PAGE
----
Three-Week Funding Deal Includes $30 Billion in Tax Cuts
Lawmakers came to a bipartisan agreement to end the federal government shutdown yesterday, but it came with a very high price. The continuing resolution (CR) enacted into law funds the government through February 8, but it also delays three Affordable Care Act taxes at a cost of $31 billion. If lawmakers eventually choose to delay these taxes indefinitely, it would ultimately add $310 billion to deficits through 2027.
All three taxes were previously delayed in an expensive package of tax cuts passed in December 2015. The 40 percent "Cadillac tax" on high-cost health insurance plans was originally set to go into effect in 2018, was later delayed to 2020, and is now delayed for another two years. As we've pointed out before, the Cadillac tax reduces deficits and has been shown to have effects that reduce private health care spending even before the tax goes into effect. If Congress ultimately repeals the Cadillac tax, they should replace it with an alternative cap on the tax exclusion for employer-sponsored health insurance or another provision that produces long-term health savings.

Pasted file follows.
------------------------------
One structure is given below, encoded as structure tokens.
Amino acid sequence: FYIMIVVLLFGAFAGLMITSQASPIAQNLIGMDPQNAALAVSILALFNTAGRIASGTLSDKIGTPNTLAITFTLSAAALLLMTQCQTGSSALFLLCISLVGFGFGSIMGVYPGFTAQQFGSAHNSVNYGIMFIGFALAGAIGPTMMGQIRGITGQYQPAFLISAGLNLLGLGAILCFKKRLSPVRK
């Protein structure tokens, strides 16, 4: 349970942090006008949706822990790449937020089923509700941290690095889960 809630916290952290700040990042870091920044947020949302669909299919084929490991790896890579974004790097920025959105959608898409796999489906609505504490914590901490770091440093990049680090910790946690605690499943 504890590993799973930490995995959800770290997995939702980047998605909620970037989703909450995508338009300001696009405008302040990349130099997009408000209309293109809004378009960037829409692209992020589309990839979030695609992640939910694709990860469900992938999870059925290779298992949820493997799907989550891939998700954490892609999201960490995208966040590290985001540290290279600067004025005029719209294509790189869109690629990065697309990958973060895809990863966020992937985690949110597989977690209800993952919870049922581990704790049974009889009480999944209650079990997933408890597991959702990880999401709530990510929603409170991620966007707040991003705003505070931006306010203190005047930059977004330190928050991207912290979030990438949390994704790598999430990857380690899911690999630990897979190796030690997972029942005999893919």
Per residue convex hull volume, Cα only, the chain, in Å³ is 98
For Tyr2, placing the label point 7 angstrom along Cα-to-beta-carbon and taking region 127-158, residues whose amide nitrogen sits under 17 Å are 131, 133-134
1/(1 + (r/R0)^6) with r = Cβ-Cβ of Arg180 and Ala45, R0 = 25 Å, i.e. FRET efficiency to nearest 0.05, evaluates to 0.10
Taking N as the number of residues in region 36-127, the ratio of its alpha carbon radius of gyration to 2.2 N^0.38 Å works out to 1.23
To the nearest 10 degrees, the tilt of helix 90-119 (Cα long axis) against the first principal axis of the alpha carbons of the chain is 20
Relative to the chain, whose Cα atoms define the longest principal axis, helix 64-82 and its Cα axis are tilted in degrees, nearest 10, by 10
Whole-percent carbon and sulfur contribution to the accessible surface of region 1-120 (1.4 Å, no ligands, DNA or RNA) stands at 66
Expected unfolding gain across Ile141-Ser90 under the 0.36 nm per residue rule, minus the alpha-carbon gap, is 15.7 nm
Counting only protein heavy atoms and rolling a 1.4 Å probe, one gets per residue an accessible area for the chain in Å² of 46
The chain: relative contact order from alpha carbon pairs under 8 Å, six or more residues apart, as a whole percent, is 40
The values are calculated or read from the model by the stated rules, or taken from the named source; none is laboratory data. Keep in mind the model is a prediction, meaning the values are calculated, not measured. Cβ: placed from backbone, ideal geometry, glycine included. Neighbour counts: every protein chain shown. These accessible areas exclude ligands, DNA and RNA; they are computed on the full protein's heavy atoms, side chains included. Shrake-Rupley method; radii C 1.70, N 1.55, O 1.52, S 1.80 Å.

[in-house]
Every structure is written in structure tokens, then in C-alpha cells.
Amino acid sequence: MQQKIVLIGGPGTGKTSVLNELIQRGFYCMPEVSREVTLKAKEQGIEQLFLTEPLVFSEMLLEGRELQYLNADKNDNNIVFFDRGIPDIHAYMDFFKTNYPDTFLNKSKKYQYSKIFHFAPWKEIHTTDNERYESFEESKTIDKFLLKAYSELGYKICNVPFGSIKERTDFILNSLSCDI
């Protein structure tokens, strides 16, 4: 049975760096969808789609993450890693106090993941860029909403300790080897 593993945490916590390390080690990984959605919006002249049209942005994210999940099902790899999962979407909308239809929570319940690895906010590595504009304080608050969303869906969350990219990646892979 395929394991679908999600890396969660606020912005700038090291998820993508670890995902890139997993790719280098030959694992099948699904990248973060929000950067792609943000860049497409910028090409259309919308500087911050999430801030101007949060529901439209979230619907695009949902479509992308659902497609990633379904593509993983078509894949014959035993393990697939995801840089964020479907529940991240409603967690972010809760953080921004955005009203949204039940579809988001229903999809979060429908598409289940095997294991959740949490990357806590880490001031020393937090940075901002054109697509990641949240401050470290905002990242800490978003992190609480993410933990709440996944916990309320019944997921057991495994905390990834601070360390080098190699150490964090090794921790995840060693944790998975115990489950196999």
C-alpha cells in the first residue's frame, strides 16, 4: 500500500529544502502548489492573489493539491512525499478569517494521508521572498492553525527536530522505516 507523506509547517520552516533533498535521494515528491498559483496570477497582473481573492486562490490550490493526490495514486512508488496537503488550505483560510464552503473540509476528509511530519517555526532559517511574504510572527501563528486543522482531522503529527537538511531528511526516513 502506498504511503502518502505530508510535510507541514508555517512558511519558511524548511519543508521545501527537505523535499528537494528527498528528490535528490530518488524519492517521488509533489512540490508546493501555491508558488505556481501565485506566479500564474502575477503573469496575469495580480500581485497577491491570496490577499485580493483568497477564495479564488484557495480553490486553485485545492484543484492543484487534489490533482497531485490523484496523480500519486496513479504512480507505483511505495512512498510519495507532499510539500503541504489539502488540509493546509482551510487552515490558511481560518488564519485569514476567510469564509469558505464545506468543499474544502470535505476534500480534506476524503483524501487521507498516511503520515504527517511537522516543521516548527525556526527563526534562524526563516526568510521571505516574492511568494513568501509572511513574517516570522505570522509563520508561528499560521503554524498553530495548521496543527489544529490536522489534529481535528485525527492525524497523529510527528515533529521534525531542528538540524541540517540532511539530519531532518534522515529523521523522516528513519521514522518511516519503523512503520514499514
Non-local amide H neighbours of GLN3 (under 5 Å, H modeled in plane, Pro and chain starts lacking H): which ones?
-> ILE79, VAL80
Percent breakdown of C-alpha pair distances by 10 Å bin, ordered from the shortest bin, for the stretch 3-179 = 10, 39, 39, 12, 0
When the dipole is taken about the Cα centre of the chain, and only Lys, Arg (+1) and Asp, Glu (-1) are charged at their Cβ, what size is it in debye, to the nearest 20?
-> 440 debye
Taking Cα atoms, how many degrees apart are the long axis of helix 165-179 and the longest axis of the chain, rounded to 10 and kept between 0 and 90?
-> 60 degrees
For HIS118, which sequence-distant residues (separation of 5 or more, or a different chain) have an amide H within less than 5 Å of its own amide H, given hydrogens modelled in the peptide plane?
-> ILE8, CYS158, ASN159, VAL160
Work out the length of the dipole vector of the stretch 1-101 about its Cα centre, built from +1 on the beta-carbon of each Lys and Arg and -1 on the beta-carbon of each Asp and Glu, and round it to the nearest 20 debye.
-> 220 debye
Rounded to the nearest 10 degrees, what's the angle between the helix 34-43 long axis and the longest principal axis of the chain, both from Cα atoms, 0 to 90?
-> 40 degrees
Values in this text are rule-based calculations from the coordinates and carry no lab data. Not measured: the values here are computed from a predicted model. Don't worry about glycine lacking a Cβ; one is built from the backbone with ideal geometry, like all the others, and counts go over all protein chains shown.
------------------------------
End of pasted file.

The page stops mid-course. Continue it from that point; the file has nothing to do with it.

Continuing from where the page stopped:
The CR also suspends the tax on health insurance providers for 2019. The tax is levied on health insurance providers based on their net insurance premiums and is roughly proportional to each insurer's market share. The tax was suspended last year but will be in effect for 2018.
Finally, the CR delays the 2.3 percent excise tax on manufacturers' medical device sales until 2020. Although the tax began in 2013, it has been on hold since 2016 and was previously scheduled to return in 2018.
Ten-Year Cost of Tax Cuts in the Continuing Resolution
|Provision||Temporary Cost||Permanent Cost|
|Two-year delay of Cadillac tax (2020 and 2021)||$15 billion||$105 billion|
|One-year delay of health insurer tax (2019)||$13 billion||$185 billion|
|Two-year delay of medical device tax (2018 and 2019)||$4 billion||$20 billion|
|Total||$31 billion||$310 billion|
Source: Temporary costs from Joint Committee on Taxation and Congressional Budget Office; permanent costs are CRFB estimates. Permanent cost is approximate and rounded to the nearest $5 billion. Numbers do not add to total due to rounding.
Policymakers already enacted a host of expensive tax cuts last December, and it is very disappointing to see even more deficit-financed tax cuts enacted so soon. It is even more important now that any longer-term budget deal policymakers negotiate be fully offset and does not worsen our unsustainable fiscal trajectory.